Sweet Clover

Other Name(s):

Casse Lunettes, Common Melilot, Couronne Royale, Field Melilot, Hart's Tree, Hay Flower, Herbe aux Puces, King's Clover, Luzerne Bâtarde, Melilot, Mélilot, Mélilot des Champs, Mélilot Commun, Mélilot Jaune, Mélilot Officinal, Mélilot Vulgaire, Meliloti Herba, Meliloto, Melilotus, Melilotus altissimus, Melilotus arvensis, Melilotus macrorrhizus, Melilotus officinalis, Melilotus vulgaris, Petit-Trèfle Jaune, Pratelle, Sweet Lucerne, Sweet Melilot, Tall Melilot, Thé de Jardin, Trébol de Olor, Trèfle des Mouches, Trifolium macrorrhizum, Trifolium officinale, Wild Laburnum, Yellow Melilot, Yellow Sweet Clover.


Sweet clover is an herb. The flowering branches and leaves are used to make medicine. Be careful not to confuse sweet clover with red clover.

Sweet clover is used to increase the loss of water from the body through the urine (as a diuretic). It is also used for varicose veins and to relieve symptoms of poor blood circulation (chronic venous insufficiency) including leg pain and heaviness, night cramps, itchiness, and fluid retention (edema).

Sweet clover is sometimes used along with regular medicines for treatment of blood clots in the veins.

Other uses include treatment of hemorrhoids and blockage of the lymphatic system. The lymphatic system drains fluid from tissues.

Some people apply sweet clover directly to the skin for bruises.

How does it work?

Sweet clover contains ingredients that can thin the blood and help wounds heal.

Uses & Effectiveness

Possibly Effective for...

  • Problems with circulation including leg cramps and swelling.
  • Varicose veins.

Insufficient Evidence to Rate Effectiveness for...

  • Water retention (edema).
  • Hemorrhoids.
  • Bruises, when applied to the skin.
  • Other conditions.
More evidence is needed to rate the effectiveness of sweet clover for these uses.

Natural Medicines Comprehensive Database rates effectiveness based on scientific evidence according to the following scale: Effective, Likely Effective, Possibly Effective, Possibly Ineffective, Likely Ineffective, and Insufficient Evidence to Rate (detailed description of each of the ratings).


Ringworm is caused by a fungus. See Answer

Side Effects

Sweet clover seems to be safe for most people when used appropriately. But, it can cause liver damage and bleeding problems when used in large amounts.

Special Precautions & Warnings

Pregnancy and breast-feeding: Not enough is known about the use of sweet clover during pregnancy and breast-feeding. Even though one small study found no harmful effects when used during the last 6 months of pregnancy, stay on the safe side and avoid use until more is known.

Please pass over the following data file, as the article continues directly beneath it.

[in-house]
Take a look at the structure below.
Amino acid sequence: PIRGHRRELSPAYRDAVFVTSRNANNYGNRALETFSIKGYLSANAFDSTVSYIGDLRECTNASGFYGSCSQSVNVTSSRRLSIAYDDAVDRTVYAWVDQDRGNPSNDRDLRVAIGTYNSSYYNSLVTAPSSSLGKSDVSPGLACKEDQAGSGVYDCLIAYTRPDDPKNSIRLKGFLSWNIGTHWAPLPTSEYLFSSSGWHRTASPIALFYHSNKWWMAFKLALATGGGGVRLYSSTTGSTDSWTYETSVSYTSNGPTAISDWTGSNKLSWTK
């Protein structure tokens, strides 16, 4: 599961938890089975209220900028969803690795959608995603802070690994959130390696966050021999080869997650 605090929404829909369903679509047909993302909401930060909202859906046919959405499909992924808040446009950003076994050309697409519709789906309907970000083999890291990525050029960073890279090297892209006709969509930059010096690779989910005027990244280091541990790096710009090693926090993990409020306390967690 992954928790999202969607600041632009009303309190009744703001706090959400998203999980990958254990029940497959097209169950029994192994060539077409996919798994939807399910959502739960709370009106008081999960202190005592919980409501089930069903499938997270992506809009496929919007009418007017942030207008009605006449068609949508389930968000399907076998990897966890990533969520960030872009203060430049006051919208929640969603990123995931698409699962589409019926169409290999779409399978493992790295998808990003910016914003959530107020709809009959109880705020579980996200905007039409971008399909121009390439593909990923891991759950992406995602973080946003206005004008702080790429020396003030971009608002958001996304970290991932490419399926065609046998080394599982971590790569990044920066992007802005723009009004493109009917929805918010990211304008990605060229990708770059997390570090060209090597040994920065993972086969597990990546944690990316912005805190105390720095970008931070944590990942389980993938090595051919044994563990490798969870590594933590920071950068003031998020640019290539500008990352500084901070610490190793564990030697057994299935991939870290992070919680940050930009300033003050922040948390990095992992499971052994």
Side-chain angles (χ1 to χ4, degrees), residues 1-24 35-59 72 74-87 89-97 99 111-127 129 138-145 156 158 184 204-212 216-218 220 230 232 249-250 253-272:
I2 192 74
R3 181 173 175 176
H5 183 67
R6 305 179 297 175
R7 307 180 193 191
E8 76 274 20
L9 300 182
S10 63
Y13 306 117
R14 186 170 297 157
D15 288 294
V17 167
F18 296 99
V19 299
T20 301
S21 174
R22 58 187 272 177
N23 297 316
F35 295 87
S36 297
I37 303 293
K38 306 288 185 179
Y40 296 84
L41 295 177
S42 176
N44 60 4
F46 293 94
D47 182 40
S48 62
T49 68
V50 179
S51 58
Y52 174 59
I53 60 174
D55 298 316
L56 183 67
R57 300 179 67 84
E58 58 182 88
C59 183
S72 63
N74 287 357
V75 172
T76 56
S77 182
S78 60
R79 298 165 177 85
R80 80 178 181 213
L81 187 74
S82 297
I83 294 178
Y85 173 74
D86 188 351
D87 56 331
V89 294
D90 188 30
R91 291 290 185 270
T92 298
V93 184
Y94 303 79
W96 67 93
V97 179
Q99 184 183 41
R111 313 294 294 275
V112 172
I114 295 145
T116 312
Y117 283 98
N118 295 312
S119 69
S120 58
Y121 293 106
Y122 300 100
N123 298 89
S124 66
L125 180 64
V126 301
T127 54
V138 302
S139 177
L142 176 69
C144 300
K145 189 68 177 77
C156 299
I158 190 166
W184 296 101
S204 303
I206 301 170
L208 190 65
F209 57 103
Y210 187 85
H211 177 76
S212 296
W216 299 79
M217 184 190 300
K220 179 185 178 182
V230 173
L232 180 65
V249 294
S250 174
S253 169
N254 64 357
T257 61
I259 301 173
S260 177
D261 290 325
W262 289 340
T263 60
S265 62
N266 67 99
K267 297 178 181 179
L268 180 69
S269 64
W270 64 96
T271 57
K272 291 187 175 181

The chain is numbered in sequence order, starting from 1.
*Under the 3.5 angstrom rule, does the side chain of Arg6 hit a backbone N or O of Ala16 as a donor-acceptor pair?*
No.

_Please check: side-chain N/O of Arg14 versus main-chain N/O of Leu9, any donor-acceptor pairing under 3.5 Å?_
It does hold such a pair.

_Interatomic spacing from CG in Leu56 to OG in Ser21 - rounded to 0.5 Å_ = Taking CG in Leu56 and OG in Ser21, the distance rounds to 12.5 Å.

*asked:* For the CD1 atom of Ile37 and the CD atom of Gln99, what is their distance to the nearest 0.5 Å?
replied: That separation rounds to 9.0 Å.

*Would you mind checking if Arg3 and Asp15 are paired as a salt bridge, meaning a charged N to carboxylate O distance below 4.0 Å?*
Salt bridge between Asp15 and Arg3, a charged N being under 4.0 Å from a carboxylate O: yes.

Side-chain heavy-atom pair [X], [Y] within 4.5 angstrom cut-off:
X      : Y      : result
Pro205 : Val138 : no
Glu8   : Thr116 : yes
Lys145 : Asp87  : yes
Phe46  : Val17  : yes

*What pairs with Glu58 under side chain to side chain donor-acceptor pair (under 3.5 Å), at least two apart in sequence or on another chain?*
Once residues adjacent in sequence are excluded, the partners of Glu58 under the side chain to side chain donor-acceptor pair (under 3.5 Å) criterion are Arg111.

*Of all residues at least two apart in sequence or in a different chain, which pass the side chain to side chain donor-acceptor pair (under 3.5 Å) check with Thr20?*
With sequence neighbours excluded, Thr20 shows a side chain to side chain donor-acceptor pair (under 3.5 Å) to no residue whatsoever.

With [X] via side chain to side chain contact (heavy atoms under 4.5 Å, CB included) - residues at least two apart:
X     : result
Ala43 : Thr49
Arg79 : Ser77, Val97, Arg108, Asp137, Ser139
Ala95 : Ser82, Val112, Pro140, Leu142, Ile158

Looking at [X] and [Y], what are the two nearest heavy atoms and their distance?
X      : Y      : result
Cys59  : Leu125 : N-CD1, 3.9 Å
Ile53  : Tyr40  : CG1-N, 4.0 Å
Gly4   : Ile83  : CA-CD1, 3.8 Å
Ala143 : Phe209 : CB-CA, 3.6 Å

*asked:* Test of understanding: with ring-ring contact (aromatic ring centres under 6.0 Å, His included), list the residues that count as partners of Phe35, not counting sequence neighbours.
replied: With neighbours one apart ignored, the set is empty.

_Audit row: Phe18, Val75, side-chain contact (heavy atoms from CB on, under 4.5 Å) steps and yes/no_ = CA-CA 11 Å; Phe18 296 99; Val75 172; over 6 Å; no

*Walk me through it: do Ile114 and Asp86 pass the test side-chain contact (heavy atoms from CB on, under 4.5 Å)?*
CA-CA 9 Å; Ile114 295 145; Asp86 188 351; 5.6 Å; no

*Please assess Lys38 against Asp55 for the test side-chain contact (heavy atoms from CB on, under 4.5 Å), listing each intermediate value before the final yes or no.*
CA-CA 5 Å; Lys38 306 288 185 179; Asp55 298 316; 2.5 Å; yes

Liver disease: There is some concern that sweet clover might make liver disease worse. If you have liver problems, get medical advice before starting sweet clover. Also, be sure to have liver function tests done.

Surgery: Sweet clover might slow blood clotting. Some physicians worry that it might increase bleeding during or after surgery. Stop using sweet clover at least 2 weeks before a scheduled surgery.


Medications that can harm the liver (Hepatotoxic drugs)Interaction Rating: Moderate Be cautious with this combination.Talk with your health provider.

Large amounts of sweet clover might harm the liver. Taking sweet clover along with medication that can harm the liver can increase the risk of liver damage. Do not take sweet clover if you are taking medications that can harm the liver.

Some medications that can harm the liver include acetaminophen (Tylenol and others), amiodarone (Cordarone), carbamazepine (Tegretol), isoniazid (INH), methotrexate (Rheumatrex), methyldopa (Aldomet), fluconazole (Diflucan), itraconazole (Sporanox), erythromycin (Erythrocin, Ilosone, others), phenytoin (Dilantin), lovastatin (Mevacor), pravastatin (Pravachol), simvastatin (Zocor), and many others.

Medications that slow blood clotting (Anticoagulant / Antiplatelet drugs)Interaction Rating: Moderate Be cautious with this combination.Talk with your health provider.

Sweet clover might slow blood clotting. Taking sweet clover along with medications that also slow clotting might increase the chances of bruising and bleeding.

Some medications that slow blood clotting include aspirin, clopidogrel (Plavix), diclofenac (Voltaren, Cataflam, others), ibuprofen (Advil, Motrin, others), naproxen (Anaprox, Naprosyn, others), dalteparin (Fragmin), enoxaparin (Lovenox), heparin, warfarin (Coumadin), and others.


The following doses have been studied in scientific research:


  • For poor circulation (chronic venous insufficiency): 2-3 cups of sweet clover tea daily. A cup is made by steeping 1-2 teaspoons finely chopped sweet clover in 150 mL boiling water for 5-10 minutes and then straining. If you use sweet clover, be sure to have liver tests done, especially if you have a liver disease or existing liver damage.


Hogan RP III. Hemorrhagic diathesis caused by drinking an herbal tea. JAMA 1983;249:2679-80.

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